Here are some of the most common terms on food labels, and what each of them means. If there are any more you’re curious about, let us know.

Dairy Free: Food that is labeled as “Dairy Free” may still contain casein, whey or other milk products. It is important to check the ingredient lists of these products for hidden dairy. has a great list of hidden dairy in a variety of products.

Gluten-Free: According to CNN, “The FDA has recently issued standards for foods to be labeled "gluten free." Currently, the "gluten free" label is voluntary — that is, it's up to the manufacturer whether to include it. Many foods are naturally gluten-free and may or may not be labeled as such.” Products with this designation shouldn’t contain gluten, which is a main component of wheat, however some studies have shown low levels. A great resource is, which has a list of safe foods.

Manufactured on the Same Line As/Made in Same Factory As: This means that while the food may not contain the allergen directly, it was manufactured on machinery used to make other products containing potential allergens like peanuts.

May Contain: Even though there are no allergens in the product, they could be cross-contaminated (for example if they share a production facility that manufactures a product containing allergens). Proceed with caution!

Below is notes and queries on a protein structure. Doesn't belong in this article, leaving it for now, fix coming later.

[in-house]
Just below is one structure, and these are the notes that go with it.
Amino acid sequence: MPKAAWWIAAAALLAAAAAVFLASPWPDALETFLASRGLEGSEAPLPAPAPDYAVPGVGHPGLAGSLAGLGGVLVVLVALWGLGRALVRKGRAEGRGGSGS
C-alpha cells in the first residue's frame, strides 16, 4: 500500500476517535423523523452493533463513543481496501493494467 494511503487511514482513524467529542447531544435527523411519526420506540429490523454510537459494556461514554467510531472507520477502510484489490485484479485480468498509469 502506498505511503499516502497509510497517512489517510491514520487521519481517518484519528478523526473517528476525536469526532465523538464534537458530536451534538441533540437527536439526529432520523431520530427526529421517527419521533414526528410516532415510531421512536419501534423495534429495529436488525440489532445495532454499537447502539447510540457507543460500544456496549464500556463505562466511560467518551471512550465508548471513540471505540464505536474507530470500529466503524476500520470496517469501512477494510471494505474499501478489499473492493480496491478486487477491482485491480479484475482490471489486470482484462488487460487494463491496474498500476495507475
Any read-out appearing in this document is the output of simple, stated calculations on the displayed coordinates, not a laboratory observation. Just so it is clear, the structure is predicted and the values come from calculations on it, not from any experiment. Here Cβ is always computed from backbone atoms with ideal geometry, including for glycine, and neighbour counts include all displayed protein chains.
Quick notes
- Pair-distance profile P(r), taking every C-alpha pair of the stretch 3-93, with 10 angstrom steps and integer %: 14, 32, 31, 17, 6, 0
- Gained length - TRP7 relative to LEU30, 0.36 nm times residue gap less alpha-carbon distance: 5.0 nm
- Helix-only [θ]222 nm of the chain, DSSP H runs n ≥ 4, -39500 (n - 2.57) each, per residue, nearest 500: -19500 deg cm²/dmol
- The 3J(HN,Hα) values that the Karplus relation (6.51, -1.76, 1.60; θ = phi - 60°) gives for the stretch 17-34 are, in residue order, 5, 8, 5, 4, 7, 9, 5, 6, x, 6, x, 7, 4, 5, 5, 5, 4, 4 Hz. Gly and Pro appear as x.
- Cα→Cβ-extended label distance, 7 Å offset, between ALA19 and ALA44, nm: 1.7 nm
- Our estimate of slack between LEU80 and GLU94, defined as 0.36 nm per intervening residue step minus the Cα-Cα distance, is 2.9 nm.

Do you have any other tips for navigating the aisles of your grocery store?


Faster Food-Safety Alerts

Posted 9.15.09 | Christine Graham-Garo

We have written about the dangers of food contamination for allergic children before, and last week the FDA implemented a new system to help identify potential problems much faster.

Companies will now be required to use an electronic food registry to alert the FDA within 24 hours of finding good contamination that could cause people to become severely ill or die. This is a huge improvement over the past, when the FDA was only notified of contamination when people became ill. If a company fails to report potential food-borne outbreaks within 24 hours they will face an injunction, fines or other punishment.

Luckily for parents, the makers of infant formula are already required to report contamination problems to the FDA through a separate electronic system. However, it is nice to know that now ALL of our food will be subject to more intense scrutiny.